Today we will deepen the honeysuckle twine area, shape and detail the snake’s head, add texture to the Sassafras bark, and do a general clean-up of the cane work. So, let’s begin having more fun!
Step 13: Very small, tight-arced round gouges are called veining tools. This tiny round gouge makes straight-walled, round bottomed troughs, which are perfect for deepening our honeysuckle stem area.
Similar to the veining tool is the checkering tool used in gun stock carving. The checking tool comes with either a small round gouge or v-gouge, plus it has an adjustable l-shaped arm. You make your first cut line in your checkering pattern. Then adjust the l-shaped arm to the distance you want between the rows. Drop the arm into the first cut row, and it controls the distance between the rows as you cut the next.
I note the checkering tool here because while you may not ever try gun stock carving, those checkering tools make wonderful backgrounds for your relief work.
Step 14: It’s time to shape the snake’s head. To begin this area, I re-marked the outline and eye placement of the snake with permanent marking pen. Since we will carve this area, any pen markers will quickly be worked away.
Cut along the outer edges to reduce any excess wood from the head.
Cut along the edge of the eye area with a stop cut to lower the eye slightly on the head.
Step 15: Round over the eye area, using the bench knife.
Make a small, slice in the head at the outer corners of the eye, to emphasize the eye, and to create the impress of the jaw and cheek.
A Quick Reminder – I am posting this Twistie Stick Snake Cane each day on my favorite carving forums. Stop by, join up, so that you can post your questions and photos!!!! Carving forums are like potato chips … just one is never enough … Grin!
And while you wait to get started, visit Roy’s relief Carving Class thread – See our widgets in the right hand nav bar and on both forums!!!!
Step 16: Texturing the Sassafras bark is done with both the veining tool and your small round gouge. Cut small, shallow tear-shaped gouge strokes in the bark area using the small round gouge first.
Note in the photo that I am making the bark twist by angling my strokes with the curve of that twist area. Do a few veining tools cuts to add smaller texture strokes.
With the bench knife, make a few stop cuts along the top edge of the bark in the twist areas. These stop cuts make the bark appear cracked or split – a natural occurrence for any Sassafras stick.
Step 17: Bark, literally, lies on top of the wood of a stick. To emphasize that the bark and the wood are two different areas or elements, use your v-gouge to cut a small, thin trough where these two areas meet. You can also use your bench knife to make a few, shallow undercuts into the bark to make it appears as if the bark is slightly peeling.
A little more sanding … These cleaning steps are technically called ‘dressing out’ the wood and used to catch those little imperfections while you have them in your sights.
Step 18: There are many, many ways to work the scaling of the body of a snake, lizard, or dragon. What I am using here is the most simple and fool-proof that I know. In working my snake, I lost just two scales – two that ‘popped’ out during the cut and my solution to those two was to simply ignore them. Mistakes happen and sometimes trying to fix a mistake just makes them worse.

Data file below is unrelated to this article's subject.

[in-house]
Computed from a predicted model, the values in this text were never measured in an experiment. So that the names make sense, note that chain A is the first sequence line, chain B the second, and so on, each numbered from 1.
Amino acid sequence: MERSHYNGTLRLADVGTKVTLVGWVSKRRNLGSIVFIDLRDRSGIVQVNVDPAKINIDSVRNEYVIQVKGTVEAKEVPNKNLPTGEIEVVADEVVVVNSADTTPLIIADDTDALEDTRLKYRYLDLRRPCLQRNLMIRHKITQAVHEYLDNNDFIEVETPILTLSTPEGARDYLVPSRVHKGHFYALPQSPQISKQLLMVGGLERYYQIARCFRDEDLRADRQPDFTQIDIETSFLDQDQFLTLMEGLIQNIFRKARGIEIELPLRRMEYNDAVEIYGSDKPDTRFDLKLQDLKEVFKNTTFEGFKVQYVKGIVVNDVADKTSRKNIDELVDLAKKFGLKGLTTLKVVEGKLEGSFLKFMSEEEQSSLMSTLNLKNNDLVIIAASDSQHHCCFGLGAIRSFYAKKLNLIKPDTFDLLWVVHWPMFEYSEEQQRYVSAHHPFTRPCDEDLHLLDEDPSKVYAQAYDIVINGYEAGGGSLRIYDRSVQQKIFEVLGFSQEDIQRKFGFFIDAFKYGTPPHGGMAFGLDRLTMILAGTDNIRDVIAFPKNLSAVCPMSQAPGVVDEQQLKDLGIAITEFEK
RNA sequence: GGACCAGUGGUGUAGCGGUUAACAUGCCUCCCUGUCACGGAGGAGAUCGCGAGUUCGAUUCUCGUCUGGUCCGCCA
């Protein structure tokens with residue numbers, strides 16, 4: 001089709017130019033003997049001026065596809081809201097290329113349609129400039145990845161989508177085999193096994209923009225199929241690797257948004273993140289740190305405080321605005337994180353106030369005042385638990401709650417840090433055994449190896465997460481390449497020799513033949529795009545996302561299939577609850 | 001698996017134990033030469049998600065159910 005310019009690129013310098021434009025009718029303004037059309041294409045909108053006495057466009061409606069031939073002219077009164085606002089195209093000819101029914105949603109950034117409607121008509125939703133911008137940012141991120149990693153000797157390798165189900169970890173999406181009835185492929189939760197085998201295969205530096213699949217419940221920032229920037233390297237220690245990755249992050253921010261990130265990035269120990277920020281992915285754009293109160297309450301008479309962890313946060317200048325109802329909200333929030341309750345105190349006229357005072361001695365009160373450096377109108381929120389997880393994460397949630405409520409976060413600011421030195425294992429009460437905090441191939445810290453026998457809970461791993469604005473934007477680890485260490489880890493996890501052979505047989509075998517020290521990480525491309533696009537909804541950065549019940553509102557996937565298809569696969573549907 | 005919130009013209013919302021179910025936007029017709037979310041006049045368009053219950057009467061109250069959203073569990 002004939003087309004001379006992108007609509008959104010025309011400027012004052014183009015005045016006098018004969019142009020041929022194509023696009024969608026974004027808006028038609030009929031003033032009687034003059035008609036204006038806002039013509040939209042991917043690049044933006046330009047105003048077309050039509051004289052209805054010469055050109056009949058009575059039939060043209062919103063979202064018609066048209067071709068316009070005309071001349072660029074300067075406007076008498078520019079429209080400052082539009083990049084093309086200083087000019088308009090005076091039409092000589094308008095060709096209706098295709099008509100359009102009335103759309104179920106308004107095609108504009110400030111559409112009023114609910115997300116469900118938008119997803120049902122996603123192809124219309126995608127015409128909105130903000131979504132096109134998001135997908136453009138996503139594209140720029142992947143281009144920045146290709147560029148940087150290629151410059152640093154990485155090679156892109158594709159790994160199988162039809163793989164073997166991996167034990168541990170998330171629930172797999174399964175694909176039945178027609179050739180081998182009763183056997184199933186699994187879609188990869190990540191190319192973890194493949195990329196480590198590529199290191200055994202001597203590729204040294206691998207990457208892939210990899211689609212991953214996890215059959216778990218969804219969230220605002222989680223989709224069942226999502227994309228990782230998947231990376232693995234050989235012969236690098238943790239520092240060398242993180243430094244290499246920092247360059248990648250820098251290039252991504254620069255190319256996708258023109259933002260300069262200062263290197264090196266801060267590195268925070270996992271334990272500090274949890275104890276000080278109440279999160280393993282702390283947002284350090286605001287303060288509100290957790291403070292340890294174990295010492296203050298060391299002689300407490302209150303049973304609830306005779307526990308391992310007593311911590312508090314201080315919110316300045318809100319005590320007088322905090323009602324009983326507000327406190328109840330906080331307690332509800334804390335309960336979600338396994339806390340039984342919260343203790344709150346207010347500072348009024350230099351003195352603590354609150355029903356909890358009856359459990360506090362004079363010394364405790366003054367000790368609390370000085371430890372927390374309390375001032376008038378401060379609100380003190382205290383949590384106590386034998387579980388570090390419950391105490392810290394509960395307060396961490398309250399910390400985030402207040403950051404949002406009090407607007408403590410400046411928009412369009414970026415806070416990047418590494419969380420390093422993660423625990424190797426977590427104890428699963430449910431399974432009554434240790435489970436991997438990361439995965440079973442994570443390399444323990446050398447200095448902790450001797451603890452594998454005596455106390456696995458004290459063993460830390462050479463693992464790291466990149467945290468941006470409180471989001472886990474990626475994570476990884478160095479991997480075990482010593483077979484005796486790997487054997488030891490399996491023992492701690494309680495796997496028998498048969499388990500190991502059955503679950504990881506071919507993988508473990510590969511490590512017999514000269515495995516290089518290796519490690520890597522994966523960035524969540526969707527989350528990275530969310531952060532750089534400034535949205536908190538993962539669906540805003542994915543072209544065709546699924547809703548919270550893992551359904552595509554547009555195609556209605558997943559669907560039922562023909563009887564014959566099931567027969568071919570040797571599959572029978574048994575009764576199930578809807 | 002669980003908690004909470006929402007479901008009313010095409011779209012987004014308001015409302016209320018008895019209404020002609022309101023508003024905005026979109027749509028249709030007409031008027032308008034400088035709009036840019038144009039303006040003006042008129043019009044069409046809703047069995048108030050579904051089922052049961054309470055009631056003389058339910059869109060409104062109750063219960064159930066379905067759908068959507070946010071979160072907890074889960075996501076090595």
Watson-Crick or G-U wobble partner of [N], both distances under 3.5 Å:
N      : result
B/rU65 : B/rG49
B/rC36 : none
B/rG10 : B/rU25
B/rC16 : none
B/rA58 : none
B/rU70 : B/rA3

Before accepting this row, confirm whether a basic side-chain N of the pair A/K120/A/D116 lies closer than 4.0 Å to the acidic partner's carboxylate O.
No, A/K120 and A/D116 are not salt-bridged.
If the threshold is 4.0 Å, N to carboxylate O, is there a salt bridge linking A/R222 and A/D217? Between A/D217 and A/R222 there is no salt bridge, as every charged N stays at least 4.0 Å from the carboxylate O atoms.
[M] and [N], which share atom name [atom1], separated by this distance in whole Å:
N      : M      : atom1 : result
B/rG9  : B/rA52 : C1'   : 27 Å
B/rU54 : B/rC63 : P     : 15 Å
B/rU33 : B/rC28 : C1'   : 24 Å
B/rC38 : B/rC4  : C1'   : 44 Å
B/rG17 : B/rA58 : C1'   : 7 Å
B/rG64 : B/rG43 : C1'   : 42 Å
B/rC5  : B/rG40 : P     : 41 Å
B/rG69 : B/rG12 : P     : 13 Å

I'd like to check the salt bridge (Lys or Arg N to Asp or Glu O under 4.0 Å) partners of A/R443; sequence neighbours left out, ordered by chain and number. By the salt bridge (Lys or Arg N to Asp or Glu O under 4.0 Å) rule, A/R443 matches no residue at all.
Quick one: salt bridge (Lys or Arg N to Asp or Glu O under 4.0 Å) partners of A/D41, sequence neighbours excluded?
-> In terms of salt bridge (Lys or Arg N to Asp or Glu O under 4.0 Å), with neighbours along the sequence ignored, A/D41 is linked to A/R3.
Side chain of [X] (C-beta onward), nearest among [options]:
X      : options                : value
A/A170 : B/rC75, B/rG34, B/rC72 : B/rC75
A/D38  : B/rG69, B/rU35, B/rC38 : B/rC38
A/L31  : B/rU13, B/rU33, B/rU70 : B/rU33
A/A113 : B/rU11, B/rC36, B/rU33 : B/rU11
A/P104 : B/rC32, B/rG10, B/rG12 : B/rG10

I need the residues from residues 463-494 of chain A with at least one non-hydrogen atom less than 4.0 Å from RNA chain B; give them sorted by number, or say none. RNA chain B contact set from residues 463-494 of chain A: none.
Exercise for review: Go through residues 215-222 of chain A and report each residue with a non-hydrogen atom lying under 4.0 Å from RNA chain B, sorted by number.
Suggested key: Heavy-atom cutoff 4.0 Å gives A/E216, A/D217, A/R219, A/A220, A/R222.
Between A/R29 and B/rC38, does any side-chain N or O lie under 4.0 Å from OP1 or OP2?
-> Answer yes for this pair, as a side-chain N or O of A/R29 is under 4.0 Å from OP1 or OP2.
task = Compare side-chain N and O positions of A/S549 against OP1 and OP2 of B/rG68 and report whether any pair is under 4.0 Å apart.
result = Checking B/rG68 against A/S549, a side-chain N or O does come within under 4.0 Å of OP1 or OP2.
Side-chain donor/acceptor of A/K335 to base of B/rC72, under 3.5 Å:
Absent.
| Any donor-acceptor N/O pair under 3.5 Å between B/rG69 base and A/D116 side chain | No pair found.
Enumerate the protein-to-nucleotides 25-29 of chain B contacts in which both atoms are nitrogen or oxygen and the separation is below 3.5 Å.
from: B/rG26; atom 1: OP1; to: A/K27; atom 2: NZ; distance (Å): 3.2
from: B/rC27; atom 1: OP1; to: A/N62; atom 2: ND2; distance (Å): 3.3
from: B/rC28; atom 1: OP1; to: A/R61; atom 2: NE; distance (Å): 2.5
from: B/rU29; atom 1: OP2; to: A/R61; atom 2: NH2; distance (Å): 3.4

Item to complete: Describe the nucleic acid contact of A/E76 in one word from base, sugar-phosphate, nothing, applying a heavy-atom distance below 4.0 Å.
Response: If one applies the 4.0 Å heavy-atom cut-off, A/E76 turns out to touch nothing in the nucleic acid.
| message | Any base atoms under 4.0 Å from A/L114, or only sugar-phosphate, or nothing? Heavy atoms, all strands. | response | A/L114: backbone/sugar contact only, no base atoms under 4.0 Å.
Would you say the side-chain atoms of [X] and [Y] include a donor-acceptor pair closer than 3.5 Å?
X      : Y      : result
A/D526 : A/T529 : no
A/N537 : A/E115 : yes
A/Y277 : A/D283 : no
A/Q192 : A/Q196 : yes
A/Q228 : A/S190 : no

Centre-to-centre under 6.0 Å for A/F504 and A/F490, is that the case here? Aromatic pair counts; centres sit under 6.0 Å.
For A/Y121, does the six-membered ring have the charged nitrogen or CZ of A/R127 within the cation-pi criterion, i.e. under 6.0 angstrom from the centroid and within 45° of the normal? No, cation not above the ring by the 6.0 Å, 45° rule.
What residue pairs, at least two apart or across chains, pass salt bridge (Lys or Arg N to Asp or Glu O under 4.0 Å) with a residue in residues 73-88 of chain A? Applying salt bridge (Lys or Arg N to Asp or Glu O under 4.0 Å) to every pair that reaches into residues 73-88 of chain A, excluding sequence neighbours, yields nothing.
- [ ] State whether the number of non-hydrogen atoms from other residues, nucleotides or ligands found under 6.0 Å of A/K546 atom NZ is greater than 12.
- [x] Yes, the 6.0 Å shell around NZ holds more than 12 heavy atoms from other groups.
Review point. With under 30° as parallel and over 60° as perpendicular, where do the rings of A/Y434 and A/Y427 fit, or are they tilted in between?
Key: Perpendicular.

Begin by marking parallel lines along the snake body lightly with pencil. Also take a moment a re-fresh the edge of your small round gouge on your honing board or leather strop.
Up-end your round gouge, which means to hold the gouge at a 90 degree angle to the wood so that the cutting edge is go straight into the wood. Gently push the gouge into the wood to cut a half-circle profile cut. Lift the gouge straight out of the wood. This is a simple push and lift stroke.
I worked several up-ended small round gouge profile cuts along the guidelines to set the spacing of the rows. Then I worked off of that center cut to create the other profile cuts in the row.
Some of the profile cuts made with my small round gouge were slightly lifted from the snake’s body. To ‘heal’ them I rubbed the wooden handle of my gouge over the snake, moving from the head towards the tail. This light pressure sets the scales back against the wood.
Healing can be done at anytime in a carving. Example, if you make a stop cut that is slightly too deep, after the second stroke is complete, turn your bench knife upside down and place the blunt side against the deep cut. Use a medium pressure and pull the blunt side down the cut to ‘heal’ it back together. Work carefully! Remember, in this example, that cutting edge is now facing towards your hand!
This style of scale creation will leave a very light, gentle impression of scales along the body. They become more outstanding when you add the linseed oil finish later.
Step 19: At this point the work on the snake is complete, and the Sassafras carving is complete, except for adding the honeysuckle vine into the trough. This is a great stopping point for the weekend.
So, using your roll of sandpaper, rifflers (small, profiled files), and your bench knife take a little more time to dress out your cane. Next Monday we will begin work on carving the frog that holds onto the top of the stick, creating the joints for the cane and stick, and on the finishing oil steps.
But right now … you are ready to go make a bunch of twistie stick key chains for your family and friends as Holiday presents!!!! And, if you have questions, comments, or want to share your twistie stick carving, now’s the time.